A second, harsher round of sanctions will go into effect in 90 days if Russia does not prove it is no longer using chemical weapons.

Talking nukes?: Earlier in the day a Russian official said Moscow was ready to discuss with Washington Russia's newest strategic weapons -- generally a euphemism for nuclear weapons.

Russian Deputy Foreign Minister Sergei Ryabkov said his country is willing to talk about the weapons, even though they don't fall under the purview of the Intermediate-Range Nuclear Forces Treaty.

The United States has accused Russia of violating the landmark 1987 by deploying a banned cruise missile.

Arms control was a topic of Trump and Putin's Helsinki summit, with Putin reportedly pressing Trump for traditional bilateral arms talks. Days later, though, Russia announced a string of new weapons tests.


AFTER THE SIGNING, THE STATEMENT: The White House late Monday put out President Trump's signing statement about the National Defense Authorization Act (NDAA), hours after Trump signed the bill into law.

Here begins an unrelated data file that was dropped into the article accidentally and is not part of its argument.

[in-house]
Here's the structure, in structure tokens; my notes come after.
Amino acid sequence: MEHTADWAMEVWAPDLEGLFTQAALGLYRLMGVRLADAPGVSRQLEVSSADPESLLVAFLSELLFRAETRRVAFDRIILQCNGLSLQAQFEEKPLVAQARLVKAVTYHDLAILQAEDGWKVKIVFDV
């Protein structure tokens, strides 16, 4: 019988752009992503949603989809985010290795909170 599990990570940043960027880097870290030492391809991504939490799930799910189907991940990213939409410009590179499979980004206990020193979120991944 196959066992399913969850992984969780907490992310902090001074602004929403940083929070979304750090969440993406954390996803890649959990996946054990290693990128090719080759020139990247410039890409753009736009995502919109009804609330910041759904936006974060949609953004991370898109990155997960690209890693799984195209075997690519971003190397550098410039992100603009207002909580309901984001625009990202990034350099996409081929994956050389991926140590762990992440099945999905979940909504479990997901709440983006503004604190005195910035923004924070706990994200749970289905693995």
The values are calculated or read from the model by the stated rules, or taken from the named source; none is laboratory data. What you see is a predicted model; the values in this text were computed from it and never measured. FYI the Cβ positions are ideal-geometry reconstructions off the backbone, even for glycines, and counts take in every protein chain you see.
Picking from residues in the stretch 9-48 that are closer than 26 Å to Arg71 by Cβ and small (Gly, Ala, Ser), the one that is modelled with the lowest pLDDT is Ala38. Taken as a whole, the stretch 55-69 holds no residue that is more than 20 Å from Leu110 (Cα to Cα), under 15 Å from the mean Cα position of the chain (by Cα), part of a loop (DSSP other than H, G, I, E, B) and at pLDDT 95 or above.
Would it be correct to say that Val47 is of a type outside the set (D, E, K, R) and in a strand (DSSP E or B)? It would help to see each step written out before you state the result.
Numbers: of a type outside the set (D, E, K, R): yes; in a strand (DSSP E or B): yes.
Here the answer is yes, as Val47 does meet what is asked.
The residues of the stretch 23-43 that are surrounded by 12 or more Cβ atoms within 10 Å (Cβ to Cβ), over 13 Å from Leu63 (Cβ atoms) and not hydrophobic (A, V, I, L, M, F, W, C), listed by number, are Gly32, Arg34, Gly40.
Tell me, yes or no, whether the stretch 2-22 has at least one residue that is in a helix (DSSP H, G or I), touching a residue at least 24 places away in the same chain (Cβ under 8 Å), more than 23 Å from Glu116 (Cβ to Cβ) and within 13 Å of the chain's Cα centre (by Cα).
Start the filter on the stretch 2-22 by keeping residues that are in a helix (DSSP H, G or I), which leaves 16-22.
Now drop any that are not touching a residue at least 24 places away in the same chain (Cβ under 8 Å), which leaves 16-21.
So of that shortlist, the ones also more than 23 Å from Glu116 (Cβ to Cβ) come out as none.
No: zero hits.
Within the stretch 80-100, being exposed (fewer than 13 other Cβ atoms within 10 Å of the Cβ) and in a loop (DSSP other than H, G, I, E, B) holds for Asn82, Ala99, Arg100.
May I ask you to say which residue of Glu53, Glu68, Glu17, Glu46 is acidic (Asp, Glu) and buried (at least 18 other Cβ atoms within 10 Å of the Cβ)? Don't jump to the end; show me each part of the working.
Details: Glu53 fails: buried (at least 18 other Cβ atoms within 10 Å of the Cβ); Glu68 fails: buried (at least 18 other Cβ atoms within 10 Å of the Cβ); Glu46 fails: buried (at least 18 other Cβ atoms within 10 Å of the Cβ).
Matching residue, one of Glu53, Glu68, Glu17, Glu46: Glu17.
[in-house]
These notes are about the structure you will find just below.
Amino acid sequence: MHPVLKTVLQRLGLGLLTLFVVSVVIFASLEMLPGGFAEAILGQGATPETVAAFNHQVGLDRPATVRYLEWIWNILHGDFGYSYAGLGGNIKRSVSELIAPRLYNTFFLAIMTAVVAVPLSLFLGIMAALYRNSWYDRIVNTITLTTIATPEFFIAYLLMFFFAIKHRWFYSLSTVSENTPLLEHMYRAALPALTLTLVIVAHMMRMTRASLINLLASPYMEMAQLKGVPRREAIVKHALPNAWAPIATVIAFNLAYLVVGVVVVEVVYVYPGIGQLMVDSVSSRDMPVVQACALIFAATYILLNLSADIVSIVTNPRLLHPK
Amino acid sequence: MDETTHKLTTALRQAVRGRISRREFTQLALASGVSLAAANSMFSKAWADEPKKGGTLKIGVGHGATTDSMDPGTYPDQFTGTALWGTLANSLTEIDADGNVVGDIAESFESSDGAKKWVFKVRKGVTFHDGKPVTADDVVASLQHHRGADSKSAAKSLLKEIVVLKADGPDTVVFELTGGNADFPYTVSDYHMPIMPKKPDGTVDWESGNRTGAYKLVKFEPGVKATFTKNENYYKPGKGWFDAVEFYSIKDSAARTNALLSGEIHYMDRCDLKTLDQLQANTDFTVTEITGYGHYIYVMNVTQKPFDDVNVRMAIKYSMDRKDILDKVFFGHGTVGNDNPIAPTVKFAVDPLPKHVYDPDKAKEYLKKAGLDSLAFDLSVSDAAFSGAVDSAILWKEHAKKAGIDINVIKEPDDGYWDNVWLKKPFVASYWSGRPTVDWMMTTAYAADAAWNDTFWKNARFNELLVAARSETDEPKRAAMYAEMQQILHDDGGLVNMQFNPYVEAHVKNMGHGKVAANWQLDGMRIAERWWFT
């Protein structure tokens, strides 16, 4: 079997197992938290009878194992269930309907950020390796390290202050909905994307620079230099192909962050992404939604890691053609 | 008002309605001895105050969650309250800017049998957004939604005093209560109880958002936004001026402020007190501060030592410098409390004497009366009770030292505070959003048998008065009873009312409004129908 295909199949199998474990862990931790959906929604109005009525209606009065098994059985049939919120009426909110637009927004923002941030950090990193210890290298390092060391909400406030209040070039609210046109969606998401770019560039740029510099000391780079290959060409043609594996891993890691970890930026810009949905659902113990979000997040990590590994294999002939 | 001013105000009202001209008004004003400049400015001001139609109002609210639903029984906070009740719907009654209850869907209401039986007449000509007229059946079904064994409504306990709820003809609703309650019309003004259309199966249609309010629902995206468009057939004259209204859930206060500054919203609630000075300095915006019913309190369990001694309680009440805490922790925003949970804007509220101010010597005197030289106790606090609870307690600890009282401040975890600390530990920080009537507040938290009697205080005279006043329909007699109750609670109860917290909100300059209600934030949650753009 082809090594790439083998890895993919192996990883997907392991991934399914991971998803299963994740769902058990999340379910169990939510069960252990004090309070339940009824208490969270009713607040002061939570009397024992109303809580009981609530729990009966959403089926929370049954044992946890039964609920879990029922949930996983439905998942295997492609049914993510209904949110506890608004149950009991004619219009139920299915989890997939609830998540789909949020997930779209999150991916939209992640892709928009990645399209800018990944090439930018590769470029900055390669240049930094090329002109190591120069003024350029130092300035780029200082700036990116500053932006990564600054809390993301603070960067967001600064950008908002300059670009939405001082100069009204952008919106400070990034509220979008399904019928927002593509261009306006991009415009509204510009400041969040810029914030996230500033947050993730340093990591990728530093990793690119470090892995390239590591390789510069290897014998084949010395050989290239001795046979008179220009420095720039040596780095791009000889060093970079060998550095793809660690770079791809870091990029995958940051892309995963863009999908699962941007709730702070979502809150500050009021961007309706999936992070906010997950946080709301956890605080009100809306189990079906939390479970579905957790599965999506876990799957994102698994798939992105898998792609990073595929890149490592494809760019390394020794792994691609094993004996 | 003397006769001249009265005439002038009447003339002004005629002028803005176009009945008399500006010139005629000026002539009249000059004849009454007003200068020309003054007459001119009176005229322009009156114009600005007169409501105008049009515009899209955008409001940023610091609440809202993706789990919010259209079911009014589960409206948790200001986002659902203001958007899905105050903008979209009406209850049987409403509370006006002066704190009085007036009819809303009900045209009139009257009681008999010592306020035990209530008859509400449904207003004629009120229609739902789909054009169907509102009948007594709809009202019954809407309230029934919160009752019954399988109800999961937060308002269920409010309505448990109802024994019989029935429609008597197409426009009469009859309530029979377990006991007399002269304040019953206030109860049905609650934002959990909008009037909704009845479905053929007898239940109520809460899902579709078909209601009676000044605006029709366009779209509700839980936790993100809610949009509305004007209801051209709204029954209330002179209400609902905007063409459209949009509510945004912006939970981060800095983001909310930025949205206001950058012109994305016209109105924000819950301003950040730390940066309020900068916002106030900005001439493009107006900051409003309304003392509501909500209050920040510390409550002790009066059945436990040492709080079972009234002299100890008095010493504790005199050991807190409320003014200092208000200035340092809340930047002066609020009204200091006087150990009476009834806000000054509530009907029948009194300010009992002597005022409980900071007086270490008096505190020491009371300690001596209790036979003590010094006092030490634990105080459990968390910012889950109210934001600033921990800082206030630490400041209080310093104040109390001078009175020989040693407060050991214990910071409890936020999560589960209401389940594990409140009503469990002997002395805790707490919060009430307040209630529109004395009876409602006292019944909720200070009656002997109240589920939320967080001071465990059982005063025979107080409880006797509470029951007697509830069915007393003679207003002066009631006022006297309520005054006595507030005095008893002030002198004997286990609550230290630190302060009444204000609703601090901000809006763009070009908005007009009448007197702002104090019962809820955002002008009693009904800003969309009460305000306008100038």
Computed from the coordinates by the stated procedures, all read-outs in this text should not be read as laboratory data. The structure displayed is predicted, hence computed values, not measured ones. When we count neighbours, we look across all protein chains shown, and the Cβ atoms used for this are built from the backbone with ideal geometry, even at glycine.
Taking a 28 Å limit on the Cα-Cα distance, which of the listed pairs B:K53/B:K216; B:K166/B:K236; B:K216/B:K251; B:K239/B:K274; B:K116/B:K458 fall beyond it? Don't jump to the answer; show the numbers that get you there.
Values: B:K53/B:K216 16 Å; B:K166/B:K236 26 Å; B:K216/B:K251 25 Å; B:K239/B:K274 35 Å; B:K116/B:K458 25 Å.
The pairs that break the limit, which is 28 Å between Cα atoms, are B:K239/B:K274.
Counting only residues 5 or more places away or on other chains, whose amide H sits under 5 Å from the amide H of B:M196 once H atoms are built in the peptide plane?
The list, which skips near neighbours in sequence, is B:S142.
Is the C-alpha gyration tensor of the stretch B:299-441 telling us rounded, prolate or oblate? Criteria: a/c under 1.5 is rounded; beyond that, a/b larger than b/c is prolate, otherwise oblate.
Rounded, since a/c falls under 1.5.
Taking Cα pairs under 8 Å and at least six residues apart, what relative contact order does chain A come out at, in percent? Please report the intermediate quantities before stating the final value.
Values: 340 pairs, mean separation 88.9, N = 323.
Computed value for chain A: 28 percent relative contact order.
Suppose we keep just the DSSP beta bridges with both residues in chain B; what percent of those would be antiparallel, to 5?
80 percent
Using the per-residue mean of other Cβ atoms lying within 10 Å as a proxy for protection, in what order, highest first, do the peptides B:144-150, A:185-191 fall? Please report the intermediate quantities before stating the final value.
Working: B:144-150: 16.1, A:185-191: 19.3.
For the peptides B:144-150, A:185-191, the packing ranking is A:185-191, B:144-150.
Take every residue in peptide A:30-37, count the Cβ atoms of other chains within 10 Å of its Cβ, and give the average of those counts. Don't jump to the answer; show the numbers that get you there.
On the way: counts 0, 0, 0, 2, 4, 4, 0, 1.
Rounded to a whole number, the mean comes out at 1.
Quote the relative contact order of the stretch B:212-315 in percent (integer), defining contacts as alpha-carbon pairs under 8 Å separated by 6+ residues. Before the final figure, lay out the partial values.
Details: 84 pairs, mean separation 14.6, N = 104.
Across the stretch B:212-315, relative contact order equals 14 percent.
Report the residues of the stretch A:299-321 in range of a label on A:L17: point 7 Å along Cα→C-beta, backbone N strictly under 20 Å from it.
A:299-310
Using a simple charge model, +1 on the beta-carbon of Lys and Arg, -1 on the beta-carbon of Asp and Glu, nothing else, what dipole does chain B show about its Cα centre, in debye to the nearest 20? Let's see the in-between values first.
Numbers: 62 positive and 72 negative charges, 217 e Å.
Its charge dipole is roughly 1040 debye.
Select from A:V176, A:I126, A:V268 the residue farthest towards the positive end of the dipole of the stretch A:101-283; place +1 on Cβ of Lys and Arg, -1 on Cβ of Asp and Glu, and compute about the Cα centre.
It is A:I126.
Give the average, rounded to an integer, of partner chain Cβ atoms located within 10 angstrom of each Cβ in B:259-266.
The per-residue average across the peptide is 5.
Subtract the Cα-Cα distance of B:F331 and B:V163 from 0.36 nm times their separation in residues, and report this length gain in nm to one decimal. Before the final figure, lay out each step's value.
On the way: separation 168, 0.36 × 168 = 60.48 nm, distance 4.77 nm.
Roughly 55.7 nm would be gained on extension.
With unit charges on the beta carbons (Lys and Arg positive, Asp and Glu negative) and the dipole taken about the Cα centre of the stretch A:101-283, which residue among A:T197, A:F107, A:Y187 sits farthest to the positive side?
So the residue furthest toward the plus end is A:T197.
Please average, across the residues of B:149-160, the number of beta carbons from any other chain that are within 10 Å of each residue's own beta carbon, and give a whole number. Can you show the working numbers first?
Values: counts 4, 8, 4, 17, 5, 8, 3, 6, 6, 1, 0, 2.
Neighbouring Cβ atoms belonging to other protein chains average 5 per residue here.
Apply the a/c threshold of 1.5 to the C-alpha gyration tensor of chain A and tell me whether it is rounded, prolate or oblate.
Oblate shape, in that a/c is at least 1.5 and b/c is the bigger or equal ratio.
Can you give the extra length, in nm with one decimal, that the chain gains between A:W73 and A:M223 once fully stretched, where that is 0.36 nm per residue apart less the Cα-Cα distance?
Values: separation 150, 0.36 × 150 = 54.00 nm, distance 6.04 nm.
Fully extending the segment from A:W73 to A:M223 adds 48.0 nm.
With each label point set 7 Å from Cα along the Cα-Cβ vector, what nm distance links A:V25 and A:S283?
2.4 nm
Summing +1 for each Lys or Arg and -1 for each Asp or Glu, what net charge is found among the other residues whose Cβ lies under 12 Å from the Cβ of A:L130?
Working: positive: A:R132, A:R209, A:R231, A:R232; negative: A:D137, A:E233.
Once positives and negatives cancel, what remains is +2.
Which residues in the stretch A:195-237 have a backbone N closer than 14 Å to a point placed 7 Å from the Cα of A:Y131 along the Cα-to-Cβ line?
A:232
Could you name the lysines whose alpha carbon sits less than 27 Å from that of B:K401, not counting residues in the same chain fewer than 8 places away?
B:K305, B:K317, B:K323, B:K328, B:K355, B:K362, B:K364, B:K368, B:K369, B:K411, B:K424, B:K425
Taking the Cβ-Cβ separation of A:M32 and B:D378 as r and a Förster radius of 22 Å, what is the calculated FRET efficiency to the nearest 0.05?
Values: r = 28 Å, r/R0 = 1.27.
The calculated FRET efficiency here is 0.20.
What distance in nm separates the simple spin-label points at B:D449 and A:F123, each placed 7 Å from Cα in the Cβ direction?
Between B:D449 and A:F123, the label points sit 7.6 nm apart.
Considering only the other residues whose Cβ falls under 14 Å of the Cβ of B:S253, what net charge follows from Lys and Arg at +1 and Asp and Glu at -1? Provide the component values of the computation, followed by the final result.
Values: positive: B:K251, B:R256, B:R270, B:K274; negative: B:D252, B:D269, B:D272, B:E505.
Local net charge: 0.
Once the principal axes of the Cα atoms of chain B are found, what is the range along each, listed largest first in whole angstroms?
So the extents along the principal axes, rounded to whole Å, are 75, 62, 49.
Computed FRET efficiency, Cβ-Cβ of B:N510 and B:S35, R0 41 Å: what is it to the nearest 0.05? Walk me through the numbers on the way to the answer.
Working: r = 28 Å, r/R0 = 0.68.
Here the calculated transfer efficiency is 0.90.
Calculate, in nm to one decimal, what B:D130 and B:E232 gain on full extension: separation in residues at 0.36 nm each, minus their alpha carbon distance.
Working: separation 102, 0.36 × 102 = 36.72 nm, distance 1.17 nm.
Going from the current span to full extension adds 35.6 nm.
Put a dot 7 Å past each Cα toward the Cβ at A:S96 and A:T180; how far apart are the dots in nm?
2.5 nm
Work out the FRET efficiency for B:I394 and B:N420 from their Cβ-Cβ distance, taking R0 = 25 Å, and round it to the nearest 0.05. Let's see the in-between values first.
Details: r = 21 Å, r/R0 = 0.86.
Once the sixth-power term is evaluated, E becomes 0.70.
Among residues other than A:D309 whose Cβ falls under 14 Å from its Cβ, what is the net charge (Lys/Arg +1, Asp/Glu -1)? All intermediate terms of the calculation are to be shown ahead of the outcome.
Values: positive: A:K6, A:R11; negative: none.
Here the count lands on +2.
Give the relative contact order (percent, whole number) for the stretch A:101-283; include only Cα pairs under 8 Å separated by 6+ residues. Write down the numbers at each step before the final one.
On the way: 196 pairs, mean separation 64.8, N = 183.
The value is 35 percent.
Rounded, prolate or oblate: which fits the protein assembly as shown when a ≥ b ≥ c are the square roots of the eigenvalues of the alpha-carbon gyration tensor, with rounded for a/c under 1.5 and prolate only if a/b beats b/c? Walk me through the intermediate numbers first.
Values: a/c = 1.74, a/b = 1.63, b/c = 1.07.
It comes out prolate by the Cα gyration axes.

Such statements, in which presidents lay out their objections to the bills they just signed and assert they can reinterpret or ignore certain parts, have become increasingly common in recent presidencies.

Here's some highlights of the one Trump put out last night:

Foreign policy notifications: There are several provisions requiring advanced notification or certification on an array of foreign policy issues.

Trump said those can only be carried out for "actions for which such advance certification or notification is feasible and consistent with the president's exclusive constitutional authorities as commander-in-chief and as the sole representative of the nation in foreign affairs."